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irvan moore 3 years, 2 months ago

when will it ever end? instead of closing schools people who have school age children or who are planning families need to move into neighborhoods with schools instead of expecting schools to be built in an area that doesn't have schools. the time and money spent on this argument every year is absurd. this election ask every person running for the board what they will do.

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Healthcare_Moocher 3 years, 2 months ago

Maybe the bribes are still comming in?

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Mike Myers 3 years, 2 months ago

patterte, FYI Cordley has always been the most vocal force behind SOS and there are Cordley parents on the task force so your assertion that the potential directions noted in the story are based on fear are completly unfounded. You should get more engaged in the debate. If you were you would know that there are many, many other issues at stake than simply existing school population. You might also know that the status of both New York and Kennedy are still unsure and that the story posted here has facts that were cherry-picked to stir things up. The task force is charged with a long range plan and the story above is only about the first stage of the long-range plan which is most definitely going to be about consolidation, bond issues, and construction.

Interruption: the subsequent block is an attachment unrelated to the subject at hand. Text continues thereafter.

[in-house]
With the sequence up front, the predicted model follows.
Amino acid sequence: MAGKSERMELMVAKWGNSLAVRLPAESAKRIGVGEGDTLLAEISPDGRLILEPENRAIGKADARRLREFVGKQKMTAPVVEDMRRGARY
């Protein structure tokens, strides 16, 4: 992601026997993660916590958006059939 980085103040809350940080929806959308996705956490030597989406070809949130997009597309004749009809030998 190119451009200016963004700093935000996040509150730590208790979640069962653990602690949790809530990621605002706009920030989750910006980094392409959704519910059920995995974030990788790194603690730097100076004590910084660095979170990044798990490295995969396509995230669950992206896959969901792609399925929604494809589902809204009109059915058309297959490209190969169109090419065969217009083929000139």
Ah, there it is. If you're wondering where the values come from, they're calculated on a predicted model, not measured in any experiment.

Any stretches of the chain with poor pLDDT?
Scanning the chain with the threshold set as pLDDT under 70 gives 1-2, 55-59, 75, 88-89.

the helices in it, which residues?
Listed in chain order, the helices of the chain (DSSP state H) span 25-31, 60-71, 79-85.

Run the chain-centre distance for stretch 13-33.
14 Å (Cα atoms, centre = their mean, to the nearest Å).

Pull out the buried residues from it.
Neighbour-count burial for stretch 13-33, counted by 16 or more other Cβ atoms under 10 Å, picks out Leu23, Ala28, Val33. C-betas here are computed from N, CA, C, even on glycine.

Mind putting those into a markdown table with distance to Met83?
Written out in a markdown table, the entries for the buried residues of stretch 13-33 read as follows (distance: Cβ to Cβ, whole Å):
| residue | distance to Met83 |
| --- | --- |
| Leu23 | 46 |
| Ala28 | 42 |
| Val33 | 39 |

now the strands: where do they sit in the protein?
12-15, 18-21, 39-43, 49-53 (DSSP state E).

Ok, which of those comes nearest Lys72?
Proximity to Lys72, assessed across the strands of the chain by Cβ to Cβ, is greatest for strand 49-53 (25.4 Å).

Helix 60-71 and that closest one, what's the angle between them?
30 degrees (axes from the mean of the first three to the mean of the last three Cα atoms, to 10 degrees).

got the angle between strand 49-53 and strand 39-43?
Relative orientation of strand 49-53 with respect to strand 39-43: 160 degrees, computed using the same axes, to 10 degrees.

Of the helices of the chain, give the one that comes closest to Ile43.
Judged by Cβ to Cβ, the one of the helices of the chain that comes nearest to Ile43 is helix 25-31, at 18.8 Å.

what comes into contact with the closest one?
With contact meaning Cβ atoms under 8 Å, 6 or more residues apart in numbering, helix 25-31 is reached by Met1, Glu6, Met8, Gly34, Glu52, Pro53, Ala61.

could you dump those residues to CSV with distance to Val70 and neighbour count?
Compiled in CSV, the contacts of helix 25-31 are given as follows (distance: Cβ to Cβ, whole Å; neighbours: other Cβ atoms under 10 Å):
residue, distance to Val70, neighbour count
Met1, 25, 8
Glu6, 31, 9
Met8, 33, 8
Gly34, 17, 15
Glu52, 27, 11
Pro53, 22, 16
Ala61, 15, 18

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patterte 3 years, 2 months ago

What happened to New York? Are we so afraid of the Save our Schools people that we aren't going to talk about the schools that were on the table last year? According to the USD 497 web site, both Cordley and Pinckney serve more students than New York, even AFTER the shift of Kennedy students to New York which resulted in a major hassle for those Kennedy parents.

It's time for us to do what needs to be done-- even if it angers some of the more vocal, entitled members of our community. No one likes it. But cutting services to all students so that a smaller number of students aren't inconvenienced doesn't make any sense. It makes more sense to close a school, or two, or three even, to keep the educational offerings the same or even better. Not to lower the standard for everyone so that S.O.S. doesn't start marching in the streets.